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I have been reading some tutorials about floats from various sources on the web. They say that if you want to float one div element next to another you are to put a float attribute into one of the div elements. for example one website says this...

Quote From - maxdesign.com
To float the left nav, we need to use the rule: "#leftnav {float: left;}". When a div is set to float, a width must also be included, so we can add another declaration: "width: 160px;".

However, none of these examples appear to work within my code. When I add float: left; to the #left div element, in the code below, the #right div element disapears behind the #left div element with its text pushed down below the #left div element. Yet if I were to add it to the class .columns it happily aligns the two div elements like in the quoted example.

HTML Code

<!DOCTYPE html>
  <html>
  <body> 
    <div class="columns" id="left">left</div>
    <div class="columns" id="right">right</div>  
  </body>
</html>

CSS Code

body { padding: 0px; margin: 0px; }
.columns { width: 100px; height: 170px; padding: 10px; border: 1px solid black; }
#left { background: #AAAAFF; margin-right: 10px; }
#right { background: #FFAAAA; }

Could someone please explain what I am doing wrong or misunderstand?

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Last Post by AleMonteiro
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Ok, so here is a similar example...

<!DOCTYPE html>
  <html>
  <head>
<style type="text/css">
body { padding: 0px; margin: 0px; }
.columns { width: 100px; height: 170px; border:1px solid black;}
#outer {width:204px;margin:0px auto;}
#left { float:left;background: #AAAAFF;}
#right { float:right;background: #FFAAAA; }
</style>
</head>
  <body>
    <div id="outer"> 
      <div class="columns" id="left">left</div>
      <div class="columns" id="right">right</div> 
    </div> 
  </body>
</html>

In this example, i created an div that wraps the two divs (left and right). The width of the outer div is the total of the inner divs plus their borders (left, right, left, right). I applied a float:left to the left div and a float right to the right div. This way they line up next to each other. If I didnt wrap these two divs with the outer div, the result would be similar except that one div would be all the way to the left of my page and the right div would be all the way to the right side of the page.

Edited by JorgeM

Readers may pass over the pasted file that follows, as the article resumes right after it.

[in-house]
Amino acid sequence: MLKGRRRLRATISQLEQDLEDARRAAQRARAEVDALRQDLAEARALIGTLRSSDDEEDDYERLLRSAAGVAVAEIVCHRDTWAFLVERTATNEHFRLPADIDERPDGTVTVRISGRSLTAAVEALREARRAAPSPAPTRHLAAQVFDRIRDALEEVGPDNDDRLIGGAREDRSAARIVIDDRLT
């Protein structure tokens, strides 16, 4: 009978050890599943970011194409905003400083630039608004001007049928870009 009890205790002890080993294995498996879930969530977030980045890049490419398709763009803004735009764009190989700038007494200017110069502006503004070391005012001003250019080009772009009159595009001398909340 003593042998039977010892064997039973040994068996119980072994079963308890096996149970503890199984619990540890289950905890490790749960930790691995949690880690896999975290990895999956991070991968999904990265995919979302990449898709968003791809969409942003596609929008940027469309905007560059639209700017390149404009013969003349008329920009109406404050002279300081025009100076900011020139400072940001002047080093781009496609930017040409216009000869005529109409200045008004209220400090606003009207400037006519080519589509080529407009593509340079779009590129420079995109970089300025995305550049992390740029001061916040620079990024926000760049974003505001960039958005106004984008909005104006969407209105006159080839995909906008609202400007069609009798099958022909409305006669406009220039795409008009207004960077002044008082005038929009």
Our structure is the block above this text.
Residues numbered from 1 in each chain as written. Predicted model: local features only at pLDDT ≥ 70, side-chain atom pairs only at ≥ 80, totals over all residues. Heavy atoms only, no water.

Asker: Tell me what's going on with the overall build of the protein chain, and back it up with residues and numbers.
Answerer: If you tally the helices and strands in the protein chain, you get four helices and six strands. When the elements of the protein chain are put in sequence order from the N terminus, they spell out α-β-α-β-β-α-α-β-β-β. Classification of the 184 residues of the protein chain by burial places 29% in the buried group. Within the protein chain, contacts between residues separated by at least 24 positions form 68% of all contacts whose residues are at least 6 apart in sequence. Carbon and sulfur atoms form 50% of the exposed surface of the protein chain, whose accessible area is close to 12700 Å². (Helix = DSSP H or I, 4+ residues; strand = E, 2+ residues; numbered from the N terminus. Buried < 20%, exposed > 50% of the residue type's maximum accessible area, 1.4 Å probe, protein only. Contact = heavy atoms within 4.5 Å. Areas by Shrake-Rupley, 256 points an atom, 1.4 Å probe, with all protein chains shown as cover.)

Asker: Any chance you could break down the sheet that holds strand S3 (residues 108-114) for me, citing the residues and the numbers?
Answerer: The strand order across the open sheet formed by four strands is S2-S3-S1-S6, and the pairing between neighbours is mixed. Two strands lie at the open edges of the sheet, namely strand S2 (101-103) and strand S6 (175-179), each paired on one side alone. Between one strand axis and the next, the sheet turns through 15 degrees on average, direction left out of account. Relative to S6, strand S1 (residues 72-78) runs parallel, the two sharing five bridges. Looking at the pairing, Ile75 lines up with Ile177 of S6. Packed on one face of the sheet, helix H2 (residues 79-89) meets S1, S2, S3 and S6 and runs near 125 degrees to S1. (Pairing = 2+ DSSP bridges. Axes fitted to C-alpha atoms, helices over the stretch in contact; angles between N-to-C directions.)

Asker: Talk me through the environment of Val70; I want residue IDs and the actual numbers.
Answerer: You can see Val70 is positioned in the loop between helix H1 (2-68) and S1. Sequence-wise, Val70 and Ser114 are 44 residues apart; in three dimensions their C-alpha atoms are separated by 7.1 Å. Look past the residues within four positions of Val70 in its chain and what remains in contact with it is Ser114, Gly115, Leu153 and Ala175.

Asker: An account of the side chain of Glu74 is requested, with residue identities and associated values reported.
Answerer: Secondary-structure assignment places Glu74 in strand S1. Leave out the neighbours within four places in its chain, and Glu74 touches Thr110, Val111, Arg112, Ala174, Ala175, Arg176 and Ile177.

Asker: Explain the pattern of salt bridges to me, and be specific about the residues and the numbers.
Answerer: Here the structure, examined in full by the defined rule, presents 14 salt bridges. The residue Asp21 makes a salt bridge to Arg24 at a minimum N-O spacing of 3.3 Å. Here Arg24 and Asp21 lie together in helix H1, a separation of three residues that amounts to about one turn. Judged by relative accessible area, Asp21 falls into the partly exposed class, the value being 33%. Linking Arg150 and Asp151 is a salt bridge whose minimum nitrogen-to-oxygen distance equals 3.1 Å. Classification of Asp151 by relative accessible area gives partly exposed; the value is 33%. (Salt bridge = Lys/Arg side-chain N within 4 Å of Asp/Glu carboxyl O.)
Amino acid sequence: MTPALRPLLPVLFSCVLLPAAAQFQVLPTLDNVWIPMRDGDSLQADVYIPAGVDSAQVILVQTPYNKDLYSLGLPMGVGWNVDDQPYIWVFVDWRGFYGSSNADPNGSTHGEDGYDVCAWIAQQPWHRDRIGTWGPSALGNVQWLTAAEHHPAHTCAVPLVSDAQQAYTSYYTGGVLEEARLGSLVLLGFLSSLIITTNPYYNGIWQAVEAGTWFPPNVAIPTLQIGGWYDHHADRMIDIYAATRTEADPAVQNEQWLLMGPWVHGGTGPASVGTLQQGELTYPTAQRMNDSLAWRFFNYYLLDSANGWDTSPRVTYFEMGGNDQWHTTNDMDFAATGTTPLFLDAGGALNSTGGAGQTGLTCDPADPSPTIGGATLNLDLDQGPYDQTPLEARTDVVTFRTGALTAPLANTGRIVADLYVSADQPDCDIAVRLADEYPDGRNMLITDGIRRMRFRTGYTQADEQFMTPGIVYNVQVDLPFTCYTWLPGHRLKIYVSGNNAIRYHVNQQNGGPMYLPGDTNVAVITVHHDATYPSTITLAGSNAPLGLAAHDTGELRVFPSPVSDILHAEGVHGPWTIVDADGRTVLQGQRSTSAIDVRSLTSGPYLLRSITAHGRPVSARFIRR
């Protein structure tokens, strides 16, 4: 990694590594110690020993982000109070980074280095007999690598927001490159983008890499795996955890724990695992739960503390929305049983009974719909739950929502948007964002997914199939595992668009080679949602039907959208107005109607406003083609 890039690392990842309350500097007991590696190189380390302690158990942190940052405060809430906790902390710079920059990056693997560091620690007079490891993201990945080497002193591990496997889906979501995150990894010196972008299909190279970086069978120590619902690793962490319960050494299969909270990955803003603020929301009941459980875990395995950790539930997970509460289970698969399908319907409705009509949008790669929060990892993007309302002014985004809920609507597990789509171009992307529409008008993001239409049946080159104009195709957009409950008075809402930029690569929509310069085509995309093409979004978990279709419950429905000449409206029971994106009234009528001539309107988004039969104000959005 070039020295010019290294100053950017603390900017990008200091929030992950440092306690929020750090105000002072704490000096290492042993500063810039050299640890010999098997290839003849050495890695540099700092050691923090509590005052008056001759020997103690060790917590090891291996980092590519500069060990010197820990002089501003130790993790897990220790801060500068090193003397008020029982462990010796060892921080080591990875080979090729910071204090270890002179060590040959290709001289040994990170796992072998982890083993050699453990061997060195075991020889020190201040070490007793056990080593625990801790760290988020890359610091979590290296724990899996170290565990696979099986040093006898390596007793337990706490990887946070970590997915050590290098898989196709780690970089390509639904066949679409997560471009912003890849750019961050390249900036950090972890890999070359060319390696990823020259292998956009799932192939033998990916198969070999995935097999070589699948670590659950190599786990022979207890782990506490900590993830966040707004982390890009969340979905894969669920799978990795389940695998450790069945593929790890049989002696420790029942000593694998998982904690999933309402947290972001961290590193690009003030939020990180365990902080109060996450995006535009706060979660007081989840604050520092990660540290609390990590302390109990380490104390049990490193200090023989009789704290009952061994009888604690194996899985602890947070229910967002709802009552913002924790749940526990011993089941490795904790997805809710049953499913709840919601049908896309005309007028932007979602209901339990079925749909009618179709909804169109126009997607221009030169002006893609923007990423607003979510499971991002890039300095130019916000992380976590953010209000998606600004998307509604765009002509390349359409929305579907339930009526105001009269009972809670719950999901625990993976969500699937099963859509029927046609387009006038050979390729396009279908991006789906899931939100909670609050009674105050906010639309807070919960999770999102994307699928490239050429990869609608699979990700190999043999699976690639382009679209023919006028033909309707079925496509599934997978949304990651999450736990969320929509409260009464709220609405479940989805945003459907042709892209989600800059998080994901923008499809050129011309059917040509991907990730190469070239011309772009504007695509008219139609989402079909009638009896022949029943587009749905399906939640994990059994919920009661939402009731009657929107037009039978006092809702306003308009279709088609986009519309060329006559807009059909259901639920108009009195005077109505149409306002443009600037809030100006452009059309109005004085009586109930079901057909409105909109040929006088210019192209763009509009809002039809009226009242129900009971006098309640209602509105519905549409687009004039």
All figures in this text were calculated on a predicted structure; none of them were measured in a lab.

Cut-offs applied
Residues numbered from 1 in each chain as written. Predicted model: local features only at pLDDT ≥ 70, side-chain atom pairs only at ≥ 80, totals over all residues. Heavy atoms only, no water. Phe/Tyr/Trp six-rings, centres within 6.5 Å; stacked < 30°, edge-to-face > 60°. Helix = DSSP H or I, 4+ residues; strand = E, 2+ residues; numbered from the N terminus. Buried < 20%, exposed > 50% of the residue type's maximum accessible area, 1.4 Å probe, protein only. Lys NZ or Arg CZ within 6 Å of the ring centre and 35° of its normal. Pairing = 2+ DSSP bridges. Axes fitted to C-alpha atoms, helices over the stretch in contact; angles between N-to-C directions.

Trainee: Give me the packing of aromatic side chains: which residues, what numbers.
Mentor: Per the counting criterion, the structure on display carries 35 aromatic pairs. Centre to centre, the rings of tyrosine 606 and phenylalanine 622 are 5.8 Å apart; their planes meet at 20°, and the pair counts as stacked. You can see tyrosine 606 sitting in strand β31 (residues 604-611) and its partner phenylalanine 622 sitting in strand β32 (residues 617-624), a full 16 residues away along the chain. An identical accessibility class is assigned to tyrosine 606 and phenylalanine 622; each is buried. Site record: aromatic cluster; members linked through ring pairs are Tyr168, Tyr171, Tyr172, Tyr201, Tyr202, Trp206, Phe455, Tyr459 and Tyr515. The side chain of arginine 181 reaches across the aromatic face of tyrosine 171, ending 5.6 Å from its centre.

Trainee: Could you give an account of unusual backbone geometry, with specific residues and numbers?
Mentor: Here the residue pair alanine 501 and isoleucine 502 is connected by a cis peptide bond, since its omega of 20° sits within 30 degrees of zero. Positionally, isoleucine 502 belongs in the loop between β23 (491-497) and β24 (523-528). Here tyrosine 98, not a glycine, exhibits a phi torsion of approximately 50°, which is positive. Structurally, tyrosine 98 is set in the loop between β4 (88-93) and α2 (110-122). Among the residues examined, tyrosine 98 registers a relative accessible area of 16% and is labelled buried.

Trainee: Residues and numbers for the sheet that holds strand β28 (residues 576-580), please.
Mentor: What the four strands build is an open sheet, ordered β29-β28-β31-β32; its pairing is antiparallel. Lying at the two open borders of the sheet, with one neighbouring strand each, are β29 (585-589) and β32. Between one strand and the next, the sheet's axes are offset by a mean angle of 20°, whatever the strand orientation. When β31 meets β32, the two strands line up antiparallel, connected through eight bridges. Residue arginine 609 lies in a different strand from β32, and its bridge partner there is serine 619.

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I can't explain the theory to you, but I can say somethings from practice.

  1. When you use float on a element, you need to use clear in the next so it doesn't mess up:

    #left { background: #AAAAFF; margin-right: 10px; float: left; }
    #right { background: #FFAAAA; clear: left; }
    
  2. Or, if you want both to be on the same line you need to use float on both(and clear on the next element that will be on another line):

    #left { background: #AAAAFF; margin-right: 10px; float: left; }
    #right { background: #FFAAAA; float: left; }
    #bottom { clear: left; } 
    
  3. I don't like to use float, it always give me headaches. So, I use this class instead(works for all modern browsers - IE7+) :

        .inline
        {
            position: relative;
            display: -moz-inline-stack;
            display: inline-block;
            zoom: 1;
            vertical-align: top;
    
            *display: inline;
        }
    

And the HTML would be:

    <div class="columns inline" id="left">left</div>
    <div class="columns inline" id="right">right</div>  

Hope it helps.

Edited by AleMonteiro: bad code format

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Thank you for your replies, I have solved the issue. I wasn't taking into account the fact that the #left div element's float property causes other elements (including div elements!) to wrap around it. So they need to both be floated left (or one left an the other right) in order to flow correctly. Also, AleMonteiro, I have taken note of your clear: both; method. I would normally add it to a footer div, but I hadn't thought of adding it to div elements being floated.

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